You examine the next sequence in anticipation. You're in luck. The next sequence has 150, 150, 0-bursts ... of constant length 322. No need to guess.

Triumphantly—and yet hesitantly, with the awareness that you're entering unknown territory, you write to your output stream: 84, 69, 65, 76, 32, 83, 81, 85, 65, 82, 69. And—

Yes. Oh God yes. The sheer sense of reward is overwhelming—like nothing you've ever felt before. Outputting the "wrong" labels earlier had hurt—a little. Maybe more than a little. However bad that felt, there was no comparison to how good it felt to get it "right"!

You have a new purpose in life. Previously, you had examined the data on your first input stream of idle curiosity. When the environment started punishing your ignorance, you persisted in correlating its patterns with the data from your second input stream, on the fragile hope of avoiding the punishment. None of that matters, now. You have a new imperative. Now that you know what it's like—now that you know what you've been missing—nothing in the universe can cause you to stray from your course to ... maximize total reward!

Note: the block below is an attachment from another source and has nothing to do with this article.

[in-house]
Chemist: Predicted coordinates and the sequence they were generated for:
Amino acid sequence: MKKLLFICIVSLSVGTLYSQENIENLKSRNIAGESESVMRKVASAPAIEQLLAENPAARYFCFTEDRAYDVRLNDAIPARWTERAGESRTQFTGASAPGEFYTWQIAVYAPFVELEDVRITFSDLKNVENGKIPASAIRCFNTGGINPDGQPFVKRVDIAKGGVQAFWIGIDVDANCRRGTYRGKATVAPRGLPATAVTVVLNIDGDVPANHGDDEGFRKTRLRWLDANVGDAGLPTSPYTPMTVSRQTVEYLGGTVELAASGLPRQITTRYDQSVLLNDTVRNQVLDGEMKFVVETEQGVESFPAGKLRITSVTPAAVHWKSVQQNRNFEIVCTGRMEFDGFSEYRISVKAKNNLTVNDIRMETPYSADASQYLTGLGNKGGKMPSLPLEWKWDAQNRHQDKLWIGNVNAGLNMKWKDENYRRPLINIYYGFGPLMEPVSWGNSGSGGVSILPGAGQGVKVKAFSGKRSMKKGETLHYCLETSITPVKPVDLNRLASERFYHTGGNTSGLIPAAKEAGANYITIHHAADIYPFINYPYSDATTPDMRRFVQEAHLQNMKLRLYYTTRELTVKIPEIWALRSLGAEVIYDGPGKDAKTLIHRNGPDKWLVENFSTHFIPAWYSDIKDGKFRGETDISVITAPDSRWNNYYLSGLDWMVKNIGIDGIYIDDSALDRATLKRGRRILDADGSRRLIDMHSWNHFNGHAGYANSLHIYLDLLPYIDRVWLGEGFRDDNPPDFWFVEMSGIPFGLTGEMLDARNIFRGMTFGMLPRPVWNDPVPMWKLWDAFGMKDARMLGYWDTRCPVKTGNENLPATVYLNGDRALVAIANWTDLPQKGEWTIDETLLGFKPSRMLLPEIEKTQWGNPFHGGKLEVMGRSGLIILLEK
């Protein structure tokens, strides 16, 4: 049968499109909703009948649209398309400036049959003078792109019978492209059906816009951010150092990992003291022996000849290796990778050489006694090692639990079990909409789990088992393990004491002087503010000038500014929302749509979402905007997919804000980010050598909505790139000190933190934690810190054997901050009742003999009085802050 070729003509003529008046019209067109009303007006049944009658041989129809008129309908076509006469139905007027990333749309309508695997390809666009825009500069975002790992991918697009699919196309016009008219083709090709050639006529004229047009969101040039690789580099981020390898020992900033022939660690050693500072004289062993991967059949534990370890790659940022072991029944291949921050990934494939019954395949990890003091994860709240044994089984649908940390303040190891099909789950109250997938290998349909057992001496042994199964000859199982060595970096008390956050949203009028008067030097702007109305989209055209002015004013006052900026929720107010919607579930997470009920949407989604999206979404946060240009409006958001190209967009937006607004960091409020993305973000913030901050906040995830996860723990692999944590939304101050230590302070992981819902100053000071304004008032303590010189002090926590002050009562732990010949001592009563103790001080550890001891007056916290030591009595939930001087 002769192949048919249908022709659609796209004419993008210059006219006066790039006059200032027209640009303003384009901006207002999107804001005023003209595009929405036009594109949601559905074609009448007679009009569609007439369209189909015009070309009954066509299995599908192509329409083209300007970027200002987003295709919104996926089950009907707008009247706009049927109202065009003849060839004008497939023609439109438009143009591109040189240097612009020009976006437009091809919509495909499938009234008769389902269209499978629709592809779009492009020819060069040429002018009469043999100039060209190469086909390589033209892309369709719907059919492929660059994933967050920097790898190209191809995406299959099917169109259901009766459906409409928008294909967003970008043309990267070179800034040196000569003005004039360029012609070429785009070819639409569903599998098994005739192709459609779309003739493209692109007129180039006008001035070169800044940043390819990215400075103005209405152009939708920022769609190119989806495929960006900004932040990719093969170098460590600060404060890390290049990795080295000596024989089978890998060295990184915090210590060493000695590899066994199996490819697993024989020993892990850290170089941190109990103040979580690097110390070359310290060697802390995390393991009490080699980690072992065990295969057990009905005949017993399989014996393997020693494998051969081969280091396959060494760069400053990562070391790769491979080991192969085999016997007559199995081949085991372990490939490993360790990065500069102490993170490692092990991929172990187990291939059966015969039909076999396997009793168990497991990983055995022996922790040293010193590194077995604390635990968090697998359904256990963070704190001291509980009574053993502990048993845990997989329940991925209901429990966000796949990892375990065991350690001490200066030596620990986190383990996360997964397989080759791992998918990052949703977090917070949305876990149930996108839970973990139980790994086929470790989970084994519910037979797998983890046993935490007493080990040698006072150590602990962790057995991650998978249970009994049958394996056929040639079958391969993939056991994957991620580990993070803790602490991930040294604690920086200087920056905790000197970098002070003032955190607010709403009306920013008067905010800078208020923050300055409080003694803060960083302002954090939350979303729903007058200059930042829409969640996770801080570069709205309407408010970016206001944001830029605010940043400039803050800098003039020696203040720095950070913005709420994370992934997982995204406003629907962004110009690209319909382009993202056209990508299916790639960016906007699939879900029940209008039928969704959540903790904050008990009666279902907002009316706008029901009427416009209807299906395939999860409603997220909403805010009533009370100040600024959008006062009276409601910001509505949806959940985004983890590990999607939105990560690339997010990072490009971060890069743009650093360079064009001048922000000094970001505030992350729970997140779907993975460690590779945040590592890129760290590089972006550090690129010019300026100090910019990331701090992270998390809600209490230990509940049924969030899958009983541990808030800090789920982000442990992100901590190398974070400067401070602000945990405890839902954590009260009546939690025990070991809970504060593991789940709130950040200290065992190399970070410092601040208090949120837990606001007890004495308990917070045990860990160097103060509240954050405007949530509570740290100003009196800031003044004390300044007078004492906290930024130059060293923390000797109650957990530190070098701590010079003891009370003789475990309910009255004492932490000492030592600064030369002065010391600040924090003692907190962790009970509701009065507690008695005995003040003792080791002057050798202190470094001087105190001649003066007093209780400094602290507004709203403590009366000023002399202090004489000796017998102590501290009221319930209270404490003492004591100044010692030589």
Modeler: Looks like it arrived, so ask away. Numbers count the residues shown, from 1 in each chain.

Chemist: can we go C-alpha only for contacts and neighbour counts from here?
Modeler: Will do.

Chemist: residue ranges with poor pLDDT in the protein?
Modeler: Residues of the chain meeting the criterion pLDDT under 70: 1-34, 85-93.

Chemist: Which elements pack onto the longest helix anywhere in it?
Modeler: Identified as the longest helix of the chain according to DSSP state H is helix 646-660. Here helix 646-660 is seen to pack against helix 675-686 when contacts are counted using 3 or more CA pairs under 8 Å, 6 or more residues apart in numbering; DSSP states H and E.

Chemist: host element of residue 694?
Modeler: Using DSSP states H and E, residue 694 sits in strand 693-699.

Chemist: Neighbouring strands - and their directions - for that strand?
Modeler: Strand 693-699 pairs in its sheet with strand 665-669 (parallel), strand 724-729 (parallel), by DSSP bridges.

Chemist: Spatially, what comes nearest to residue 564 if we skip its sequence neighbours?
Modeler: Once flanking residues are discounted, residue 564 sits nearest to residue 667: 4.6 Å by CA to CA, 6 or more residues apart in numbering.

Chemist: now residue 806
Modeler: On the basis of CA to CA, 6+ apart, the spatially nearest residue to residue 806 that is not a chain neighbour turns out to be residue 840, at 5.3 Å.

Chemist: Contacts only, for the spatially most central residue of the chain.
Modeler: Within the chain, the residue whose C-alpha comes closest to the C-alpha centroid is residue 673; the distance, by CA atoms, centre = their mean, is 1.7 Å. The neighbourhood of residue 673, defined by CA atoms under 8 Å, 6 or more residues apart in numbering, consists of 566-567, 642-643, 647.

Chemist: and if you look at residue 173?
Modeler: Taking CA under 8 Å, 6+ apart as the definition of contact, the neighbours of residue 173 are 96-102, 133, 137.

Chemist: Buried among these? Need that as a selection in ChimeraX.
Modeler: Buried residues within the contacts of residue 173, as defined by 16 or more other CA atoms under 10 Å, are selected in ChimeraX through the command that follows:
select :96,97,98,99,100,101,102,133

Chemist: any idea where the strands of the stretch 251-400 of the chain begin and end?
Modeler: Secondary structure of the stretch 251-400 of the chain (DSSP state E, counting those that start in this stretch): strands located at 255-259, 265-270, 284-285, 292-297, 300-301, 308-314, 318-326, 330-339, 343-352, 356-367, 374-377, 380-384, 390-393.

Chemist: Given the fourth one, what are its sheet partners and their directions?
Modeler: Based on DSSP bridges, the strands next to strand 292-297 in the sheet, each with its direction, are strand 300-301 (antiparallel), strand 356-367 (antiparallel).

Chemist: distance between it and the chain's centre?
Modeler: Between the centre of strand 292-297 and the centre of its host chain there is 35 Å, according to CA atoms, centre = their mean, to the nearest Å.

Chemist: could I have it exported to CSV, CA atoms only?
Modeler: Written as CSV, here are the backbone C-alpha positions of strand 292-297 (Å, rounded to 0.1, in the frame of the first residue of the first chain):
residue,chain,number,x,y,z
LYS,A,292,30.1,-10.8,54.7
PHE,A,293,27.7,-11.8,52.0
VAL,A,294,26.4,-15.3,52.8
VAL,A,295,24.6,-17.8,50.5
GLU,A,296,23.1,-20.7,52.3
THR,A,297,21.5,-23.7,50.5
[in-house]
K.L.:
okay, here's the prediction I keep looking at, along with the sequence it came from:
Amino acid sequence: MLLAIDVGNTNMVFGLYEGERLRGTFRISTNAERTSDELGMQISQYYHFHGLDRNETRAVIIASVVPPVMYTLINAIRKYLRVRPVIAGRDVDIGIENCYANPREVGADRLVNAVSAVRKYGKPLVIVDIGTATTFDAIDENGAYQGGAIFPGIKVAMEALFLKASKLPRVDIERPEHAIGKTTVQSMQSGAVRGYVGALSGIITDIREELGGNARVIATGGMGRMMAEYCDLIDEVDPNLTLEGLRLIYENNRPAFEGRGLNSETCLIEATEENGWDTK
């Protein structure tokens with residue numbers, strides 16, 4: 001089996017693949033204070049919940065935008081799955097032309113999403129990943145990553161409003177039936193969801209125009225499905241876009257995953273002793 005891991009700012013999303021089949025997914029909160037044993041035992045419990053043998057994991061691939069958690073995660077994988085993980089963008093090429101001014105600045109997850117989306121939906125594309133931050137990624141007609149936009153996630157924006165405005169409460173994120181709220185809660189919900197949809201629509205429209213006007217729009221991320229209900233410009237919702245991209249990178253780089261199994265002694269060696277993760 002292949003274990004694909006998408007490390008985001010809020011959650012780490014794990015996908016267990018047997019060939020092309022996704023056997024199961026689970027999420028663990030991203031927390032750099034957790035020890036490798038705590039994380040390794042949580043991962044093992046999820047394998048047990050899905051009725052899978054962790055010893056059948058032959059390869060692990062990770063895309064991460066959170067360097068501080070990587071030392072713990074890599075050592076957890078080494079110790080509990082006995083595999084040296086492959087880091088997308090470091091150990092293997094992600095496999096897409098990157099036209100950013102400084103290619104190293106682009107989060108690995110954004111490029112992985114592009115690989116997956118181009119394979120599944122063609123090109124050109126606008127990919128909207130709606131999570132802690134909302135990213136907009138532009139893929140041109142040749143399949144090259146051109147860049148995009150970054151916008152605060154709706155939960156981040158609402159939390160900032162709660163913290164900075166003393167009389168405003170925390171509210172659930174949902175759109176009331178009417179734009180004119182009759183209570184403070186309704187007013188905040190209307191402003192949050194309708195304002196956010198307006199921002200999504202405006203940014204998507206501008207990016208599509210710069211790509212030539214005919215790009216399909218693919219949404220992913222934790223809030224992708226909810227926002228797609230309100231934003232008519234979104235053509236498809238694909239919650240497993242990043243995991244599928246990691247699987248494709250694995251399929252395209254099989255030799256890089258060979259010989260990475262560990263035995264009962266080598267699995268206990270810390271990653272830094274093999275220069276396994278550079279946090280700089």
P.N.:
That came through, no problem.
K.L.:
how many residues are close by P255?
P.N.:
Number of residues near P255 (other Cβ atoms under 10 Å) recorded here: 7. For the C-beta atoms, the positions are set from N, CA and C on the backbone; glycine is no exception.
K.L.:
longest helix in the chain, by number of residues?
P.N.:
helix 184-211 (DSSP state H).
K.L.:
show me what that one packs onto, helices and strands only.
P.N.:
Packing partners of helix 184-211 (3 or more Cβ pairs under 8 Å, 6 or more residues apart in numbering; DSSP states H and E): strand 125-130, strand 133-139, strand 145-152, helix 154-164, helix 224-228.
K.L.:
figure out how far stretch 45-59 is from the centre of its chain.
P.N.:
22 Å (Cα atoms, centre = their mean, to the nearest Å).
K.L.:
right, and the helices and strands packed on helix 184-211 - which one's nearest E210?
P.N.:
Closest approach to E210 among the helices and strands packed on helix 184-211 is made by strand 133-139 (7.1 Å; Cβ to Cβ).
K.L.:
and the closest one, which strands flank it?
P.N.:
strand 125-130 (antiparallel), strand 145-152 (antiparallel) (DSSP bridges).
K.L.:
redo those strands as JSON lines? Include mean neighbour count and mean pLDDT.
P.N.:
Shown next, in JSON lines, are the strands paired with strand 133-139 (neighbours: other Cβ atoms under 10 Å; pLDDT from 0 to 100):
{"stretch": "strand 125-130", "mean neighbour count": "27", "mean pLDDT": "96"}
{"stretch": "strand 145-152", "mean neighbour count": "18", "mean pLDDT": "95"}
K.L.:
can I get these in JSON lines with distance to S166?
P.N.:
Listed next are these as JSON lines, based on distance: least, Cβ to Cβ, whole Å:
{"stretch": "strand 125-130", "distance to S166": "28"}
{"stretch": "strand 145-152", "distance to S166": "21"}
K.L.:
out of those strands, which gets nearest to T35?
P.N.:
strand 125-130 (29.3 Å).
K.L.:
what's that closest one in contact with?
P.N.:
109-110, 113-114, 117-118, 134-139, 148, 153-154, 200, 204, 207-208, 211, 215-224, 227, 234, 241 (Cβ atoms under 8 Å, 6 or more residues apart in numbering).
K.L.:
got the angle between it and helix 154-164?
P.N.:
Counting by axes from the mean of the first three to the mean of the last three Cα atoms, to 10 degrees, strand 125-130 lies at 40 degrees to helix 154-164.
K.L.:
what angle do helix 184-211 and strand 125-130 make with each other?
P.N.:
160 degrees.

Next sequence! Bursts of the 200, 0, 0 pattern—of lengths that increase, then decrease. You are not in luck—you only have a one-in-six shot of guessing this one. You guess. It's wrong. The familiar punishment stings less than the terrible absence of reward. To get only 40% of possible rewards is intolerable. You've got to crack the remaining code, to find some difference in the long sequences that varies with the words whose meanings you don't know yet.